Results tagged ‘ Los Angeles Angels ’
Author’s note: This article was originally posted on High Heat Stats (link).
When the Los Angeles Angels announce over the winter that they had agreed to a deal with former Rangers’ slugger Josh Hamilton, the first thought that ran through my head was “Good God, pitchers aren’t going to stand a chance against this modern day murderer’s row.” Those thoughts didn’t change much throughout the spring and by the time April rolled around I, like so many others, felt that a lineup including the legendary Albert Pujols, the powerful Josh Hamilton, and the electric Mike Trout would be piling up runs like they were going out of style. After all, if they could rank among the 3 or 4 best scoring lineups in 2012 without Hamilton, just imagine how scary they would be with him plopped in the #4 hole.
But as we sit here on May 16th, nearly 40 games deep into the regular season, the Angels enter play with the 11th ranked scoring attack in the American League and one of the worst records in baseball. So what’s been the deal in L.A.? The Angels have done a solid job making contact at the plate (their 103 OPS+ is 6th best in baseball) and they’re starting to work the long ball, averaging just over 1 home run a game, so why are they stuck with one of the most mediocre looking attacks in the league? The answer, I believe, lies somewhere as simple as the base paths.
Every single Major League team now has 30 games under their belts, which gives us enough data to start surveying the MLB landscape looking for surprises and disappointments. Fans in Boston, Kansas City, and Denver have to be thrilled with their respective teams hot starts.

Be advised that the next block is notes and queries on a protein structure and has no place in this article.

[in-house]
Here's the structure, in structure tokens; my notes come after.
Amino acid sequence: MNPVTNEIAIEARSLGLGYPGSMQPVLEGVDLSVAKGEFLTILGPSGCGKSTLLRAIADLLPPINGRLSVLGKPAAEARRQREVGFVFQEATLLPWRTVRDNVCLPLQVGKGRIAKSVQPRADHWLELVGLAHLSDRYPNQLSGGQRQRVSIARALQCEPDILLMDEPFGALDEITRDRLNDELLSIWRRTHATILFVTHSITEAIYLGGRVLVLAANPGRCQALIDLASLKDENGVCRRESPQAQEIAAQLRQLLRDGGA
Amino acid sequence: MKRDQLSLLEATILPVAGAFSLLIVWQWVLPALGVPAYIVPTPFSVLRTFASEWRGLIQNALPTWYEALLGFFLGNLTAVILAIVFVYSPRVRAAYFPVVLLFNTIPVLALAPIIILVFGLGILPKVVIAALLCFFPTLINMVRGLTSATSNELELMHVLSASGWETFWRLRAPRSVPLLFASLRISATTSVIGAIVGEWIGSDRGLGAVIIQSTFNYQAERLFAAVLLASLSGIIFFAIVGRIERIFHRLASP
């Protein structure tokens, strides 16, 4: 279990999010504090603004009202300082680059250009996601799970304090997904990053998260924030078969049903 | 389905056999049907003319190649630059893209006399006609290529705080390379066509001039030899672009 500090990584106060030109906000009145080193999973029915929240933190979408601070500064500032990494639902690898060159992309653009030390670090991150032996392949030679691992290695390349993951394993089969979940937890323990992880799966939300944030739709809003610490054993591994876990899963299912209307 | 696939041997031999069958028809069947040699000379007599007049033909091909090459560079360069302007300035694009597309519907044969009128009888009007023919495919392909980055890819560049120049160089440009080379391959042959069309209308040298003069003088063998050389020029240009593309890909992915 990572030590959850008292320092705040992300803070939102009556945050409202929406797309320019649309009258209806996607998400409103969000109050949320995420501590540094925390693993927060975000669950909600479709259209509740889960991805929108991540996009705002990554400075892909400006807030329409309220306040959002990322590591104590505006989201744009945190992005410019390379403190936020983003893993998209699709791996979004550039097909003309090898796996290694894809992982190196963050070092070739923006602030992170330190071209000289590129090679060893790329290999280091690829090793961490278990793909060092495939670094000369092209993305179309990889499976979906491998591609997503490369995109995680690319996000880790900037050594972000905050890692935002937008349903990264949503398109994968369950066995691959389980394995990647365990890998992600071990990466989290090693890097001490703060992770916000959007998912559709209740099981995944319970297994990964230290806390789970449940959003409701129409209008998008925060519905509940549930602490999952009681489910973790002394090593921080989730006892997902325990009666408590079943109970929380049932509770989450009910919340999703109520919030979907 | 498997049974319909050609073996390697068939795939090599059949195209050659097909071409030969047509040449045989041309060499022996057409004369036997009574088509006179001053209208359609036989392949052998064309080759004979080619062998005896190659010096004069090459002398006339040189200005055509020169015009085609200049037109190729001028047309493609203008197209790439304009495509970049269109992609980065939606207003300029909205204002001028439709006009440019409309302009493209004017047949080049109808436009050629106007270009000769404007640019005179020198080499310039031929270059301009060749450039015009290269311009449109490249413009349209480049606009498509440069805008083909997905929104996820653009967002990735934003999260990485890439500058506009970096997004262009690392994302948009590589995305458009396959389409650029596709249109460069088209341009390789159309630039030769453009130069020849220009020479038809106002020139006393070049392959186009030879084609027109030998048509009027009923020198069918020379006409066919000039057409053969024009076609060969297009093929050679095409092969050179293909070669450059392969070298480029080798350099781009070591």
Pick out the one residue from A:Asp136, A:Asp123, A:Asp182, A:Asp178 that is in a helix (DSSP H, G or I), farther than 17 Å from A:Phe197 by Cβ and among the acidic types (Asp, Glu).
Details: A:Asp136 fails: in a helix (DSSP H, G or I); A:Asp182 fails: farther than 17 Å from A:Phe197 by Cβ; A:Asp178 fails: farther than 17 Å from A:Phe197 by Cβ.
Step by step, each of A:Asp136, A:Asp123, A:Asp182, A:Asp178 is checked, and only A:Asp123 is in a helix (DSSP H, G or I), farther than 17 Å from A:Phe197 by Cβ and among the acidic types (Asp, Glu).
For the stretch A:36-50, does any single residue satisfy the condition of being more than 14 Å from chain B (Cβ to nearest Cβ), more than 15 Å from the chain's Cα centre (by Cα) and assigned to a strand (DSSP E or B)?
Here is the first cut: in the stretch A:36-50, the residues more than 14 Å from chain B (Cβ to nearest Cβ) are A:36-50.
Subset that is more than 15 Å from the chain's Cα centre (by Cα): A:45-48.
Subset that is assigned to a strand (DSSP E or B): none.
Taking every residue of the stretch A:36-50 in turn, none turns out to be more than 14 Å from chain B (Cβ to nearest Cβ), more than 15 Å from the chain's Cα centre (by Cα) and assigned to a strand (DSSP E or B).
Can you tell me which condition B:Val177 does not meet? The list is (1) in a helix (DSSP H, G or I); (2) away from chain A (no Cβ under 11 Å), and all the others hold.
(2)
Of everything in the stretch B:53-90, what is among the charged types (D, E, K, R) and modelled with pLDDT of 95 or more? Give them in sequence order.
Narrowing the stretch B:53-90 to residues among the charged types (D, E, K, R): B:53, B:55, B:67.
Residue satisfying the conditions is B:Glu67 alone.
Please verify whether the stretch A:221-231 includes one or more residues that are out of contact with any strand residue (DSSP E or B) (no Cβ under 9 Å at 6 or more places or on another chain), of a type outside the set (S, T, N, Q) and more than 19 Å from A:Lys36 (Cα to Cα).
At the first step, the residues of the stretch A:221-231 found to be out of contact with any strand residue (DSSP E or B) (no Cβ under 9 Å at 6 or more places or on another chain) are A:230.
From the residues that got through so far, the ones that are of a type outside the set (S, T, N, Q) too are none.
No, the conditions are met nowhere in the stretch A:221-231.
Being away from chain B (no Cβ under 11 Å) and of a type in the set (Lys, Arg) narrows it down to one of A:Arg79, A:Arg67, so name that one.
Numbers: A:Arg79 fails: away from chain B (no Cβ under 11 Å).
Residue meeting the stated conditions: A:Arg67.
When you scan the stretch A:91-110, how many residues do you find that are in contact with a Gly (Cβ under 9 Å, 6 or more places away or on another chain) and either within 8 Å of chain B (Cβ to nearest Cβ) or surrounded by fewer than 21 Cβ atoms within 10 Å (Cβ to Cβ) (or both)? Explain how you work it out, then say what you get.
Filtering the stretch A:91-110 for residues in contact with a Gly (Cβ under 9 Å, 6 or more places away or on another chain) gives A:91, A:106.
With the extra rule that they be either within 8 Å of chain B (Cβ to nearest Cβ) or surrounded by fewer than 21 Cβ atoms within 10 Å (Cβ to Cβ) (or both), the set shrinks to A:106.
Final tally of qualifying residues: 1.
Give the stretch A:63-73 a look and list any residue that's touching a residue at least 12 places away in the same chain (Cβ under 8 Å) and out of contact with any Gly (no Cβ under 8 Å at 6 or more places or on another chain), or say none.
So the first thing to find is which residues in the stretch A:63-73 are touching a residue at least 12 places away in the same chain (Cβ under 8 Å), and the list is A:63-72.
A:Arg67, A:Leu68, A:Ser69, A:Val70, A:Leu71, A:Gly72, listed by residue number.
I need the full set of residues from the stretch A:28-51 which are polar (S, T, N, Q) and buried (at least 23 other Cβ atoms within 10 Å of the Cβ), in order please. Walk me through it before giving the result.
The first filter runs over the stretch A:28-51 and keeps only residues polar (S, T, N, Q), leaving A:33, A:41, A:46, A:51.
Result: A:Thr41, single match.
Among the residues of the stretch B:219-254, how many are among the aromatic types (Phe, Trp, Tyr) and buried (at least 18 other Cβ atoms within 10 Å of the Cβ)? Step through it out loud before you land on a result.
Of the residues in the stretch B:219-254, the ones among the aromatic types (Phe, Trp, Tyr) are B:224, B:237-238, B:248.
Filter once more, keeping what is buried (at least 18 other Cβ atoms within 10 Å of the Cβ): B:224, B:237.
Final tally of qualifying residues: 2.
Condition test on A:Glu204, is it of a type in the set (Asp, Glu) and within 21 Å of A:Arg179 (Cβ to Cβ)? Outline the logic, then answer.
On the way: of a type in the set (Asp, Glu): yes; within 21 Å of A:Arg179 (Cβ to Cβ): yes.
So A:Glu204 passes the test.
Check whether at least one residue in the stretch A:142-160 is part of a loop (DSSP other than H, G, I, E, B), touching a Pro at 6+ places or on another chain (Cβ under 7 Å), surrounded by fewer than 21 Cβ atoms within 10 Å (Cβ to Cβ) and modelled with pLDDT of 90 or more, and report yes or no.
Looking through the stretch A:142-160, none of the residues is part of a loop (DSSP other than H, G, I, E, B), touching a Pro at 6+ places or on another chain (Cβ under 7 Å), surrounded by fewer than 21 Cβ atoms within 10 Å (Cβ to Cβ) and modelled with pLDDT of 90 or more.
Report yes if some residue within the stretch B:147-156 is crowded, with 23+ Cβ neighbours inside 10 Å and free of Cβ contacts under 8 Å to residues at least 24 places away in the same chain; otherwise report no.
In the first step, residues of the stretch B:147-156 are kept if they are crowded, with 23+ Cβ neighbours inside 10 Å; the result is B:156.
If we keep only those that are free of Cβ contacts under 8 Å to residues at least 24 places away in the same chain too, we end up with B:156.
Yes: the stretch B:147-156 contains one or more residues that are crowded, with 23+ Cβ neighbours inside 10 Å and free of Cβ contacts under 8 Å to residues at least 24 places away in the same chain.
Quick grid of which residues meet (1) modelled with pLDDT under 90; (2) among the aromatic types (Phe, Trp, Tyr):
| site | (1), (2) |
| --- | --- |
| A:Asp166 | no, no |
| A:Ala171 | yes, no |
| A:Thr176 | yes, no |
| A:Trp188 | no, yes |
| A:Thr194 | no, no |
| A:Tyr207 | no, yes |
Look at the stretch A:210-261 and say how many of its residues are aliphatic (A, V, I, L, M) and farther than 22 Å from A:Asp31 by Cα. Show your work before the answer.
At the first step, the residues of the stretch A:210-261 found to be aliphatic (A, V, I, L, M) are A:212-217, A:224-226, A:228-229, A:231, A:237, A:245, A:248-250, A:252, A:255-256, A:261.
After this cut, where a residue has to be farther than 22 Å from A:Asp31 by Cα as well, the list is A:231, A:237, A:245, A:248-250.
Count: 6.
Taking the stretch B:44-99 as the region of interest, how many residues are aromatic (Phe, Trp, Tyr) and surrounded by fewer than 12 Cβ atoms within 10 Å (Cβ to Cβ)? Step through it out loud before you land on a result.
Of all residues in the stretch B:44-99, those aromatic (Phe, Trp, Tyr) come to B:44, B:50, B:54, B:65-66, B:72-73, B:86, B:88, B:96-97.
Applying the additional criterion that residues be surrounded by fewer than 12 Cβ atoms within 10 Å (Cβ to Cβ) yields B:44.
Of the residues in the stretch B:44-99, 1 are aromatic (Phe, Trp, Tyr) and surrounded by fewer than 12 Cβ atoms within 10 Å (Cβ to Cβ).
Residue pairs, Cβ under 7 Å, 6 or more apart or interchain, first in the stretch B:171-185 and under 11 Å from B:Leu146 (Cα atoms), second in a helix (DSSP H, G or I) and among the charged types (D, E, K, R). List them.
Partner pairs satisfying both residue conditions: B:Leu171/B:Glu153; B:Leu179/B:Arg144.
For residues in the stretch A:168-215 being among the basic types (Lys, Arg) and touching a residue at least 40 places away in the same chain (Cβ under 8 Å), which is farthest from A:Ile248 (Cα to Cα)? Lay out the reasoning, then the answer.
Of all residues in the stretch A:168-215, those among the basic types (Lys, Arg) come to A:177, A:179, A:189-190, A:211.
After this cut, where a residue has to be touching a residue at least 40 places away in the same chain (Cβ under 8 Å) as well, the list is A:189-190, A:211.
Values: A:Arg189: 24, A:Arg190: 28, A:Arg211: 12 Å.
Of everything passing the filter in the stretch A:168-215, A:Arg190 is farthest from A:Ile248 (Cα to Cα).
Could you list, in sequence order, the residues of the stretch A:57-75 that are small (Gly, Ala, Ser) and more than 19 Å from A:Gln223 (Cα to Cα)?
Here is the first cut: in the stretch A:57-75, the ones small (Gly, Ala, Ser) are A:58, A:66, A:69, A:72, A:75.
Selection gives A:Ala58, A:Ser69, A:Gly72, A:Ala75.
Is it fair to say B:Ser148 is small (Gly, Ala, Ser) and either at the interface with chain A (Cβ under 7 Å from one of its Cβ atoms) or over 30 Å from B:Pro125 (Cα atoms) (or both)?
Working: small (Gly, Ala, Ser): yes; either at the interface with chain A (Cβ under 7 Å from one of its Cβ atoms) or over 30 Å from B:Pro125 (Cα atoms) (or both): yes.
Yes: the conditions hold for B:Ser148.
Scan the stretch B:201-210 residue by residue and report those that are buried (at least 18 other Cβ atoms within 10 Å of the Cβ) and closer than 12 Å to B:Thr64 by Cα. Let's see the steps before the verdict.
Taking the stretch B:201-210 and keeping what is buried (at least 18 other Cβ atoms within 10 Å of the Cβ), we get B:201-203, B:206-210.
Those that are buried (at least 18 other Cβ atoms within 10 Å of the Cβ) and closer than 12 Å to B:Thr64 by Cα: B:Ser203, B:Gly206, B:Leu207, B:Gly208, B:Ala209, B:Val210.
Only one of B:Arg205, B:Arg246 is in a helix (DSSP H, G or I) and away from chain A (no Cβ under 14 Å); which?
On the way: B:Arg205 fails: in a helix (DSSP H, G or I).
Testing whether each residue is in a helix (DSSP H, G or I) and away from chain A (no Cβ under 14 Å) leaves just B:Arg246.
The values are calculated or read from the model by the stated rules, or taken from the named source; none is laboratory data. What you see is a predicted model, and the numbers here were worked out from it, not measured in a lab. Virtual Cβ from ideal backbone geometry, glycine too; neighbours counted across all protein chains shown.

However, for fans in other cities things haven’t been as bright. The Toronto Blue Jays were handed the AL East by most pundits before the season even began and they’ve fallen flat on their face out of the gate, carrying a 10-21 record that only the Houston Astros and Miami Marlins are envious of. Things are also starting to get dicey in Anaheim, where the Angels have once again stumbled in the early weeks of the season. Their supposedly vaunted offense has yet to earn its pay, thanks to its middle of the pack ranking in the AL in runs scored, and L.A.’s pitching staff minus Jered Weaver has been a disaster.
They’re not the only cities that are getting anxious about their ball club’s slow start either. Fans in Philadelphia were hoping that a once-great pitching staff led by Roy Halladay, Cole Hamels, and Cliff Lee could rebound to carry the Phillies to the playoffs, but that hasn’t materialized thus far. The Dodgers were imagining themselves as the west coast Yankees with a budget to match. So far all that lavish spending has gotten them is 4th place and a struggling Matt Kemp.Even the handful of fans that attend Rays games have to feel a little nervous in the AL East watching their starting nine drop to 1-6 in games started by Cy Young winner David Price.
Normally when the ace of your rotation is able to dodge a smash hit right back up the middle it’s a good thing. But for Angels’ ace Jered Weaver that’s not exactly the case. Weaver landed awkwardly on his left arm while dodging a come backer that was sent screaming off the bat by the Rangers’ Mitch Moreland and after having being examined on Monday it was determined that he had broken his elbow.
As we prepare to embark on yet another wild and enthralling MLB season it’s time for everyone’s favorite exercise in futility: Predictions! After 2012′s thrilling season ended with the Giants raising the World Series trophy the offseason that followed was full of surprises. Annually overlooked ball clubs like Cleveland, Toronto, and Kansas City all made big win-now moves while traditional powers like the Yankees and Phillies opted for minor moves and the ensuing result could turn baseball as we know it on its head. So without further adu, I present to you my thoughts and ideas about what’s in store in 2013. No matter what happens, 2013 should be a thrilling year so sit back, grab a beer, and get settled in for some great baseball.